Shortly After Soloing
By: John Shadel

My only engine out was shortly after I had soloed in my Challenger II in 2001. I had been up a few times since my solo just getting used to flying alone and getting the feel for controlling the airplane.

I had just come into the downwind leg setting up for a landing. As I turned to base, I brought the 503 back to idle to prepare to get everything lined up for the landing and establish my glide slope. Lo and behold, the motor sputtered a few times and then quit. I was lined up with the center of the runway, coming down at 60 MPH and in what appeared to be an almost perfect glide slope.

I thought for a minute about trying to restart the engine, but the runway was coming up quickly. The thought of having to land without power was a little scary since I had never done it before.

But I remembered those words that were drilled into me during training – “always fly the plane first”. Then I thought to myself - “I can make this” and decided to just go ahead and fly it in, instead of concentrating on trying to restart the motor. I made an almost perfect landing and taxied off the runway.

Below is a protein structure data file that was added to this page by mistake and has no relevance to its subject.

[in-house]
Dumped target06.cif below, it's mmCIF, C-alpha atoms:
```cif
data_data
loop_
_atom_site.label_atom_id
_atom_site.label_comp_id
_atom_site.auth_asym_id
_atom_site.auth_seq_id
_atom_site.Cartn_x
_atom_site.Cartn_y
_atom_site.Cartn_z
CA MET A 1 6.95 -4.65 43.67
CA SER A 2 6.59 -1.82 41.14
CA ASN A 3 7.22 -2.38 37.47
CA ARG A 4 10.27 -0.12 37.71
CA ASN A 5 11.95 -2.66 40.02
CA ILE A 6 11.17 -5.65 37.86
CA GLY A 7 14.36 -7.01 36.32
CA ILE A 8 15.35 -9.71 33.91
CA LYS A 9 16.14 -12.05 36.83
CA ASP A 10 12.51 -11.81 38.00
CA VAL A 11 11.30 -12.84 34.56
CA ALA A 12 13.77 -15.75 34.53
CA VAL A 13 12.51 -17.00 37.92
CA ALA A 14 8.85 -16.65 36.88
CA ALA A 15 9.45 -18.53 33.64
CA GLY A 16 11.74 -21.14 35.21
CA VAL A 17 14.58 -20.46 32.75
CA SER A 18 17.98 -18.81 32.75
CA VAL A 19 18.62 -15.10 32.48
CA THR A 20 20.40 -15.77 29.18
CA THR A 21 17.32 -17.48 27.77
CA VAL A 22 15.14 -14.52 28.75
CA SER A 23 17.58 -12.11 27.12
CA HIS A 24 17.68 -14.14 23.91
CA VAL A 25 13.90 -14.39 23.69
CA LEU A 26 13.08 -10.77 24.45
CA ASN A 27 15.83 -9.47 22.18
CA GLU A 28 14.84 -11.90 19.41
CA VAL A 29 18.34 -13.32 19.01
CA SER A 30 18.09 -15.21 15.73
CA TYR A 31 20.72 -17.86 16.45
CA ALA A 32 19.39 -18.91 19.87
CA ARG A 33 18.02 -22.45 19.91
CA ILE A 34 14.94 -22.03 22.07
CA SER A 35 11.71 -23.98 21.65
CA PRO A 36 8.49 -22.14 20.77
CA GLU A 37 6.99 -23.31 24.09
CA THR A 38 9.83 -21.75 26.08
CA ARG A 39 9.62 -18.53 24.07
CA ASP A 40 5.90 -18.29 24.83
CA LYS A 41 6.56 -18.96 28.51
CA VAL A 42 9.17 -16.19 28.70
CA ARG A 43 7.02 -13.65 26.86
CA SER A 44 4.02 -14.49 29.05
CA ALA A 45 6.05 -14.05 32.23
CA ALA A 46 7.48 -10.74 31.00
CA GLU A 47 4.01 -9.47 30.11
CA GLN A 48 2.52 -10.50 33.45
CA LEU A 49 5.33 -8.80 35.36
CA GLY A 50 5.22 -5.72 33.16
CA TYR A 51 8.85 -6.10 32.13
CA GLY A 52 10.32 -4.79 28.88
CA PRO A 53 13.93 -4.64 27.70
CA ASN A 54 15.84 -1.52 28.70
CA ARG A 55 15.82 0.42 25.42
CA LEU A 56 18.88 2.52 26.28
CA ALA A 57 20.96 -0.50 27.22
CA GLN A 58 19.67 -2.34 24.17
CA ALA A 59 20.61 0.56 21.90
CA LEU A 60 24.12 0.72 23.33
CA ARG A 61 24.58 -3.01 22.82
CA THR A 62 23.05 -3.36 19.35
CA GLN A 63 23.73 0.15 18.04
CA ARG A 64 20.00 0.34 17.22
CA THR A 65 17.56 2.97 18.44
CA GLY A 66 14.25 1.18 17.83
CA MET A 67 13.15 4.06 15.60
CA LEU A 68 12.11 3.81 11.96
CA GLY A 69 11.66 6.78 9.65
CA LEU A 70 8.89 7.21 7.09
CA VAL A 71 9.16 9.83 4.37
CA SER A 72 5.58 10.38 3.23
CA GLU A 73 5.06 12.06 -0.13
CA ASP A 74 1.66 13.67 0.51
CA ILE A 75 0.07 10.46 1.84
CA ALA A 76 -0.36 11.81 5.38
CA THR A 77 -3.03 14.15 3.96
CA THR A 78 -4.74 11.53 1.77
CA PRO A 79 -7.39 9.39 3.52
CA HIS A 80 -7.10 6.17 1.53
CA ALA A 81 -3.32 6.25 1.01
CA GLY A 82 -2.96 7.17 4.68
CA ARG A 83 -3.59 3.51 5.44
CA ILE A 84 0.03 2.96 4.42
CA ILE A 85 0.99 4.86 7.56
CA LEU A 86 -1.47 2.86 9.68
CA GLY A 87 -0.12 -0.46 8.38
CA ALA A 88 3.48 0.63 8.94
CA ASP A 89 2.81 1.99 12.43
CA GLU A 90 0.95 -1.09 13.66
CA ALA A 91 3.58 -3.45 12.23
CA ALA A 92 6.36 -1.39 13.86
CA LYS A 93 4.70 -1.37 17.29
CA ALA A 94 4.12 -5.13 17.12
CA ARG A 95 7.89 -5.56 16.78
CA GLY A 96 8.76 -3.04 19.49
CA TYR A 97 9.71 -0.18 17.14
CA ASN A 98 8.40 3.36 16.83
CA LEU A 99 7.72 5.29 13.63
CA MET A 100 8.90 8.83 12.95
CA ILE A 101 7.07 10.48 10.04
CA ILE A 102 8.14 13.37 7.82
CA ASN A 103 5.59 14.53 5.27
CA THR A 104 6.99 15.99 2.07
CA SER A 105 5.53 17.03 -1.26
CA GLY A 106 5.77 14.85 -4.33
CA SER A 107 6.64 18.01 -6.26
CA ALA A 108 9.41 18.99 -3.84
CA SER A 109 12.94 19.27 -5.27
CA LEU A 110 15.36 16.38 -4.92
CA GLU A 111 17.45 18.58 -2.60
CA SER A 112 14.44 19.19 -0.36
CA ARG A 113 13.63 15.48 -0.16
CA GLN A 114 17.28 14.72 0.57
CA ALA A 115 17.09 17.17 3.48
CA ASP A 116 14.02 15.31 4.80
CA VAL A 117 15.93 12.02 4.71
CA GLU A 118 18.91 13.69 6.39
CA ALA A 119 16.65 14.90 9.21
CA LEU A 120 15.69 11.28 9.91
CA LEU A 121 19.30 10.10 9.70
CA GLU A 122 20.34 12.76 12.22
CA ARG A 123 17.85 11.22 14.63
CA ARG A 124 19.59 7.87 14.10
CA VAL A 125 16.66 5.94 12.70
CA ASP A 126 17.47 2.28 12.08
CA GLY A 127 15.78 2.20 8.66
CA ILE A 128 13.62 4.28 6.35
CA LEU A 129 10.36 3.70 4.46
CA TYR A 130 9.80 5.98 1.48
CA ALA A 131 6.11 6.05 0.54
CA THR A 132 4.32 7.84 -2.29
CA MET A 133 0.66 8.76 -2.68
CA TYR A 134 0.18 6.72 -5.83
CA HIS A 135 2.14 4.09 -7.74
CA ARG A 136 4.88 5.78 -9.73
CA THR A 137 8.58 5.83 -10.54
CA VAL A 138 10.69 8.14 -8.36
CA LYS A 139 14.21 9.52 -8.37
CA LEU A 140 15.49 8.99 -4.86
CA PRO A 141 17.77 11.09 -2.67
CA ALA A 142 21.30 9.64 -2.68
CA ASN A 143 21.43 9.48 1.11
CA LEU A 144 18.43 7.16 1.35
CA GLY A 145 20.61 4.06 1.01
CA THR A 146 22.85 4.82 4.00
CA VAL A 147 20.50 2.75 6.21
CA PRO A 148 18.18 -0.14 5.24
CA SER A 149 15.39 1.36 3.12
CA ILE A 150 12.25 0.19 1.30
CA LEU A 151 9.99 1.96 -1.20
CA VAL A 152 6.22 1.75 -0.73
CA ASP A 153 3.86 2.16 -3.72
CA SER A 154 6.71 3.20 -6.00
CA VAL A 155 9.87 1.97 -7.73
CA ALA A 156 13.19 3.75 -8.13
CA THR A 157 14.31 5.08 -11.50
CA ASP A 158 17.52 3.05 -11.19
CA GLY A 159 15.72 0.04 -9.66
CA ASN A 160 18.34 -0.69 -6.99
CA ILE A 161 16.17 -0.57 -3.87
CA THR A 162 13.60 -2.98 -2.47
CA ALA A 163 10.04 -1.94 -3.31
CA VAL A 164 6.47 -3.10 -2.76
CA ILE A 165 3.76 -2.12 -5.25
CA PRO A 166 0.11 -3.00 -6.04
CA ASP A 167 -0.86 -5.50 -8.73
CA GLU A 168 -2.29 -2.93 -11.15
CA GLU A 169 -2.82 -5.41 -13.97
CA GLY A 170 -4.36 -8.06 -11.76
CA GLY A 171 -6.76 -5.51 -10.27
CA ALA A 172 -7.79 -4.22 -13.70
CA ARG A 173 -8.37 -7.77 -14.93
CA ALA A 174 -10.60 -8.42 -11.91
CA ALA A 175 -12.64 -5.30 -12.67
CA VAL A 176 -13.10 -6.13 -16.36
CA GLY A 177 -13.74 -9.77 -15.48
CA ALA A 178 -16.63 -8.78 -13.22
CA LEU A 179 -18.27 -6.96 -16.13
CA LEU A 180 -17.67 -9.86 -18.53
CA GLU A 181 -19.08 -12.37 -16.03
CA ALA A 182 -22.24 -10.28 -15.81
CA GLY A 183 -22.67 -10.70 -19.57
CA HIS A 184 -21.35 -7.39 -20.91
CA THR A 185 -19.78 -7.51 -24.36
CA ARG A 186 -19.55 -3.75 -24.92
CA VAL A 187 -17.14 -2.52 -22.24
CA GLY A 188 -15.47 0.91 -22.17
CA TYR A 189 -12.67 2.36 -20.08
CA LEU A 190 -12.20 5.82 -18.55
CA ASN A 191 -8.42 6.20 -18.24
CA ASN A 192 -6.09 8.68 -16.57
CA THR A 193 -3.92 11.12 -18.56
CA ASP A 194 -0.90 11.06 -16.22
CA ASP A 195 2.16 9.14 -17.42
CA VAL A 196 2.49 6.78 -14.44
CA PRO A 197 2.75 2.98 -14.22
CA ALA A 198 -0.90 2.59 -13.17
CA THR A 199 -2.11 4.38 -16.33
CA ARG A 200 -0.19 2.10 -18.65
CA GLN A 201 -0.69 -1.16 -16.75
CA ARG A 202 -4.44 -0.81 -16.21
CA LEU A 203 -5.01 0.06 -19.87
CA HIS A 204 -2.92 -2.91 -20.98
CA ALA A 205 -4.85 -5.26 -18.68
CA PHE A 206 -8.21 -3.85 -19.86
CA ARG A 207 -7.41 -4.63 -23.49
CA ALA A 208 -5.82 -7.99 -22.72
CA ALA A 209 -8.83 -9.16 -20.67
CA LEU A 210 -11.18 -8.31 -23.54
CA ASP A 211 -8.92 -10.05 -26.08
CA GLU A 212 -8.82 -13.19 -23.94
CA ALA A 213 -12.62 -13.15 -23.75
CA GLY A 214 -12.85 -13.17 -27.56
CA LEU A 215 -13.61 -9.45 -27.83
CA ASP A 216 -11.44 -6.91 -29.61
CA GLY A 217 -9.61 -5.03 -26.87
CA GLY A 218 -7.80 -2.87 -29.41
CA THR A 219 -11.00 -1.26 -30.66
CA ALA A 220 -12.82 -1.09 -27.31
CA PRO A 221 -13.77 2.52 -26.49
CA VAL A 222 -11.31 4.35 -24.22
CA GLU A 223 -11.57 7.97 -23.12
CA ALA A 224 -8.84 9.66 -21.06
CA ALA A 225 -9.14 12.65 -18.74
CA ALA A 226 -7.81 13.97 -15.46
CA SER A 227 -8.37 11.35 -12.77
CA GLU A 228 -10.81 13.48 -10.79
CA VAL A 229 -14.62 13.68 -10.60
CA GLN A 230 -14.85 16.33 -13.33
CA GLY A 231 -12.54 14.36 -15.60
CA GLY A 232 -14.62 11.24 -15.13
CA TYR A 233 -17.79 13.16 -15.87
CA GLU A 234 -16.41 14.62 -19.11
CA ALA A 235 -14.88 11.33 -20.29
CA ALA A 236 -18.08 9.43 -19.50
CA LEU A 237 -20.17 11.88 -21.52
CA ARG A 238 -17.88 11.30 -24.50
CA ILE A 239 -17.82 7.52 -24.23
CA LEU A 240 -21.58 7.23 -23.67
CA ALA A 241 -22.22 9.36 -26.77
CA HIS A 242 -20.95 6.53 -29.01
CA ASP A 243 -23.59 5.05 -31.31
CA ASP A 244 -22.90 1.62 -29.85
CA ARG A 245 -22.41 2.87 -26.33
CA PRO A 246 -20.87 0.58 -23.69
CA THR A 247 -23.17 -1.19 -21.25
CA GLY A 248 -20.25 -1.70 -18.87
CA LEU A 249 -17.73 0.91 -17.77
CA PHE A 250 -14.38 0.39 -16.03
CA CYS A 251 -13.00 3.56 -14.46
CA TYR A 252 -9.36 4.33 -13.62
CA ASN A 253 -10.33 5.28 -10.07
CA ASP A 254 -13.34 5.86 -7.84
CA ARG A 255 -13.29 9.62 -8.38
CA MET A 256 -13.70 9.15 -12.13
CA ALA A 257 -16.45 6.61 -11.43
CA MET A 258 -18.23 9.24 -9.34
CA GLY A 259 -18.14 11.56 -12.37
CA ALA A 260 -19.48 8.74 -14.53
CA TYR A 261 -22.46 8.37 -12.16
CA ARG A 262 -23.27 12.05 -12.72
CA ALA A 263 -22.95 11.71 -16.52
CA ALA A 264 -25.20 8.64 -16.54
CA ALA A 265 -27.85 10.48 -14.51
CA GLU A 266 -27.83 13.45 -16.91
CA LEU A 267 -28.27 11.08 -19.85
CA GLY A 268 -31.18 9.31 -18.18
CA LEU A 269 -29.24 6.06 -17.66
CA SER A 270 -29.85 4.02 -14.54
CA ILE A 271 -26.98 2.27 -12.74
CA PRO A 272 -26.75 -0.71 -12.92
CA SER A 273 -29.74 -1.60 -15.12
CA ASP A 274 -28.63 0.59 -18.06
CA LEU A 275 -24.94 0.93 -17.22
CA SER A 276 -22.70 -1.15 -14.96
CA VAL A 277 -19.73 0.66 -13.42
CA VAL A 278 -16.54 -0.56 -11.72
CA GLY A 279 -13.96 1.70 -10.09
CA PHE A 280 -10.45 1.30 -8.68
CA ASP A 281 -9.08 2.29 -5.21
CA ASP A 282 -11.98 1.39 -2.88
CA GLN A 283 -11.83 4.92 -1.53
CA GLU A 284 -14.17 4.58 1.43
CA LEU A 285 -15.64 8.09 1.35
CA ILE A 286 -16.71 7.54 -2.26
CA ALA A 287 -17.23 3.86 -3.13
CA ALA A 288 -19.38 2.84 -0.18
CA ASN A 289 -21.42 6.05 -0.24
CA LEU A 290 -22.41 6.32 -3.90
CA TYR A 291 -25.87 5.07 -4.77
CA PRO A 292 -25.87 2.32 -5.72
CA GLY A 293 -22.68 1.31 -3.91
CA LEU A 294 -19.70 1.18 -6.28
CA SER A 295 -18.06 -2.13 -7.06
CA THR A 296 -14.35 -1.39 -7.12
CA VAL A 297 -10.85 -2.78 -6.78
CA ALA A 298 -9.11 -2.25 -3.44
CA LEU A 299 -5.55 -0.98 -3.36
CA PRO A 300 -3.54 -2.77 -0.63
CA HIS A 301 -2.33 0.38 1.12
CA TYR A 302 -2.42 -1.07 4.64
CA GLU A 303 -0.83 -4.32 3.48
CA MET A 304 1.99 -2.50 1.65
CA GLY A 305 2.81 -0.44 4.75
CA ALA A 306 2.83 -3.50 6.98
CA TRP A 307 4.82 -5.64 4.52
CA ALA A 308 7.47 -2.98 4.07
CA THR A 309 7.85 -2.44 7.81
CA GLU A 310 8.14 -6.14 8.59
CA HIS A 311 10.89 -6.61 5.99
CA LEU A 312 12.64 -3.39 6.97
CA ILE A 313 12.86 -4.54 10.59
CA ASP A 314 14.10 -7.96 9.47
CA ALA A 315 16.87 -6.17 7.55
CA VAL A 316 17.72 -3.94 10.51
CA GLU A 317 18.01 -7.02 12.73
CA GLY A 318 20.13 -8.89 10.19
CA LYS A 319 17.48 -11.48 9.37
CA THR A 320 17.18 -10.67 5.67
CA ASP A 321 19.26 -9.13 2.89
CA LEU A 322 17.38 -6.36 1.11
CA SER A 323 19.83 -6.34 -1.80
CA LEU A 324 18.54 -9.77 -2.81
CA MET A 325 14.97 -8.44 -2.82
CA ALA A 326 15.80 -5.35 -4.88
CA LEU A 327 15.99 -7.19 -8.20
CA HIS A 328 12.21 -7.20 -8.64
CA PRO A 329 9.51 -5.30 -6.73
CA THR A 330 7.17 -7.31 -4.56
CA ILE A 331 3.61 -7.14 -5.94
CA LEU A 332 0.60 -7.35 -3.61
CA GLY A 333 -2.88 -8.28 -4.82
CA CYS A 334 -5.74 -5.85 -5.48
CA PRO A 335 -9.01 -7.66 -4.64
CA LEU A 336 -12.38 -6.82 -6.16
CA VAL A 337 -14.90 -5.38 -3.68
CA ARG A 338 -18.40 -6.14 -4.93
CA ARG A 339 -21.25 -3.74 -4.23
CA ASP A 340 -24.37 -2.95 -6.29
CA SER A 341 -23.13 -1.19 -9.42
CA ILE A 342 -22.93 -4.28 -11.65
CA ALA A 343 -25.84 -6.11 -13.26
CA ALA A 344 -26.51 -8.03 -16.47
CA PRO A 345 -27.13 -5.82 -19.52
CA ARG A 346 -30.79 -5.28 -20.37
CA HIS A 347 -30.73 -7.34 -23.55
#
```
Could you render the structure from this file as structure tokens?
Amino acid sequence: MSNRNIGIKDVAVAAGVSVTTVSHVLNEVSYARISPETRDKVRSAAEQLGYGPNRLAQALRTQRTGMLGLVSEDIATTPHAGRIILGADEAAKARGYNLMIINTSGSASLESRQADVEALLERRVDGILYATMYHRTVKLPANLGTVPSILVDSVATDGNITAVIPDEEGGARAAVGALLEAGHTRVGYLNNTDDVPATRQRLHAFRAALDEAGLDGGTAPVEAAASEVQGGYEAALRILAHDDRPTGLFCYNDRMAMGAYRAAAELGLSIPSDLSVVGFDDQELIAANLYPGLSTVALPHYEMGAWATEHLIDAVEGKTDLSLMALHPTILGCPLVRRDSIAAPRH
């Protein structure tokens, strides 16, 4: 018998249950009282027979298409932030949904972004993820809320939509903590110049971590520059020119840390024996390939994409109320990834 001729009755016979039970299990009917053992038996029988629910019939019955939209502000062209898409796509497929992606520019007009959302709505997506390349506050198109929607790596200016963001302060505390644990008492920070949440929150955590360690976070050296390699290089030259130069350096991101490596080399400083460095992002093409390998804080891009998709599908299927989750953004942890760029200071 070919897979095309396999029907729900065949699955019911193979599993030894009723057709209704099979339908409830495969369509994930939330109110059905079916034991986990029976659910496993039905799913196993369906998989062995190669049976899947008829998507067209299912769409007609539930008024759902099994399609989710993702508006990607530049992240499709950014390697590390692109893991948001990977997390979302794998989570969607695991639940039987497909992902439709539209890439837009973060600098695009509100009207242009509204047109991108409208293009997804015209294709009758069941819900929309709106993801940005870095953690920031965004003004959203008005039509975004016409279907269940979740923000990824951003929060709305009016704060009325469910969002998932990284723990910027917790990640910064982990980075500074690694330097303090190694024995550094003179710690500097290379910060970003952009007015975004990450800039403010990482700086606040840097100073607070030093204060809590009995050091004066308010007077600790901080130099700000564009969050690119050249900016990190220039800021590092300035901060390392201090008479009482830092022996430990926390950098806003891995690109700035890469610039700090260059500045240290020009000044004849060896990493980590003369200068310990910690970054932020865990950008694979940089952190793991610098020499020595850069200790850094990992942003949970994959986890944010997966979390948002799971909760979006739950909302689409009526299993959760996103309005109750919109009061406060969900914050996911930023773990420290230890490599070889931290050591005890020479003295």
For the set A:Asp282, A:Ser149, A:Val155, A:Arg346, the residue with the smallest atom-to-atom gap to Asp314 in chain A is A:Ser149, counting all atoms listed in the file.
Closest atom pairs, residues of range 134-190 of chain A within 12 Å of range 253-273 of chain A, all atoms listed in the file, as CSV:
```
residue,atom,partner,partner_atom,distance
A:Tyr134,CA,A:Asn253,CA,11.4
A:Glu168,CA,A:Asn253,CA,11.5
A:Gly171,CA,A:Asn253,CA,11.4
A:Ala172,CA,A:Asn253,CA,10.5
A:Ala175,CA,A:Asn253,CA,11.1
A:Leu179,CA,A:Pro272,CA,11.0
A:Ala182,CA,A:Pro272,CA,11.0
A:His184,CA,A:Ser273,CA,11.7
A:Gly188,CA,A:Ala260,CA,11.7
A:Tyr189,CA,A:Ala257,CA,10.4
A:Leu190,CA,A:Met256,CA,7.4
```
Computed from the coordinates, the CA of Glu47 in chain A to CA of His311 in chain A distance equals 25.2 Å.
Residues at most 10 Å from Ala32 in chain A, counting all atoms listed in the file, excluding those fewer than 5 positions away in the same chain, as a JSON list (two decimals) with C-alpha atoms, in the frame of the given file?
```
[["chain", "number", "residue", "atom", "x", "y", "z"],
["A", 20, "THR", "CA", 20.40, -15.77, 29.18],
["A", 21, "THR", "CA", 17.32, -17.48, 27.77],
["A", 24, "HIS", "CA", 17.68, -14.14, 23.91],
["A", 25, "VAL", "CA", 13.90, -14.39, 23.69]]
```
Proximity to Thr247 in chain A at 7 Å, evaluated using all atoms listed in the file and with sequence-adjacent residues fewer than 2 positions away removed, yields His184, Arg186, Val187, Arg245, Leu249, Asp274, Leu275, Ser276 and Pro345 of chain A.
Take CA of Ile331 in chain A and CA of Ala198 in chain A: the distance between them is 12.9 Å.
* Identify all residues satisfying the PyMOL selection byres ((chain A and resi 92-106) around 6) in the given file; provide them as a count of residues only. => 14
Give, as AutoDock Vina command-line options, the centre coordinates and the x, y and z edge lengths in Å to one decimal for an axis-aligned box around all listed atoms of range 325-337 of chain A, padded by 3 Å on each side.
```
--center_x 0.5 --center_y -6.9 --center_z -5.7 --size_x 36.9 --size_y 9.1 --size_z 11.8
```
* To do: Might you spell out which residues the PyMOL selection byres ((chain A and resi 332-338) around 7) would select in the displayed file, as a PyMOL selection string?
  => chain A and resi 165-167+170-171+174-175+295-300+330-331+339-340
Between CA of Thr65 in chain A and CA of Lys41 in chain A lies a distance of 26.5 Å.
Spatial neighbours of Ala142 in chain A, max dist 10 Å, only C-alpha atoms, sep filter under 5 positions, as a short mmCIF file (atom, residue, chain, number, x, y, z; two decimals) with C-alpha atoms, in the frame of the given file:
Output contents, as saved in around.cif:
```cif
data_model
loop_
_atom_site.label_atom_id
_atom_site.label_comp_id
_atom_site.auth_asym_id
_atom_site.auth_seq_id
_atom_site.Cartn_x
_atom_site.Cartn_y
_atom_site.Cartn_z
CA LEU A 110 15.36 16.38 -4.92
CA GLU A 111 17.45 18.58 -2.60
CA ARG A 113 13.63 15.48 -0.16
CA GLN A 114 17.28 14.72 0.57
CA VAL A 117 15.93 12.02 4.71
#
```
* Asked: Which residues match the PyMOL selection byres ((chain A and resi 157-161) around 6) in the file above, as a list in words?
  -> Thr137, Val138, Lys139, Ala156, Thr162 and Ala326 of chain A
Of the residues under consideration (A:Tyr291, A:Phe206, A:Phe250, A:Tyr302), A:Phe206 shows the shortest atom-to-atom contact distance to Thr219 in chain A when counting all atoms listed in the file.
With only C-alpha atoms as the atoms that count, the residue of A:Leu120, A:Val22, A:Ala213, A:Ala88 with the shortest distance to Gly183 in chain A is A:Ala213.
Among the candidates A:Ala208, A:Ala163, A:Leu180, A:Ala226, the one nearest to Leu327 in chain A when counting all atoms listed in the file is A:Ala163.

What did I learn from this?

First, I learned that it’s important to fix engine problems that can cause your motor to quit unexpectedly, which I did promptly before I went up again. And secondly, I learned that it’s important to pay attention to flying the airplane first instead of concentrating on trying to fix what went wrong.

Ultimately, I think this made the difference between making a successful landing and the unpleasant alternative, which could have destroyed my airplane or worse, put me in the hospital. It’s a lesson I will never forget.

John Shadel,
Information Systems Specialist
PC MD Consultants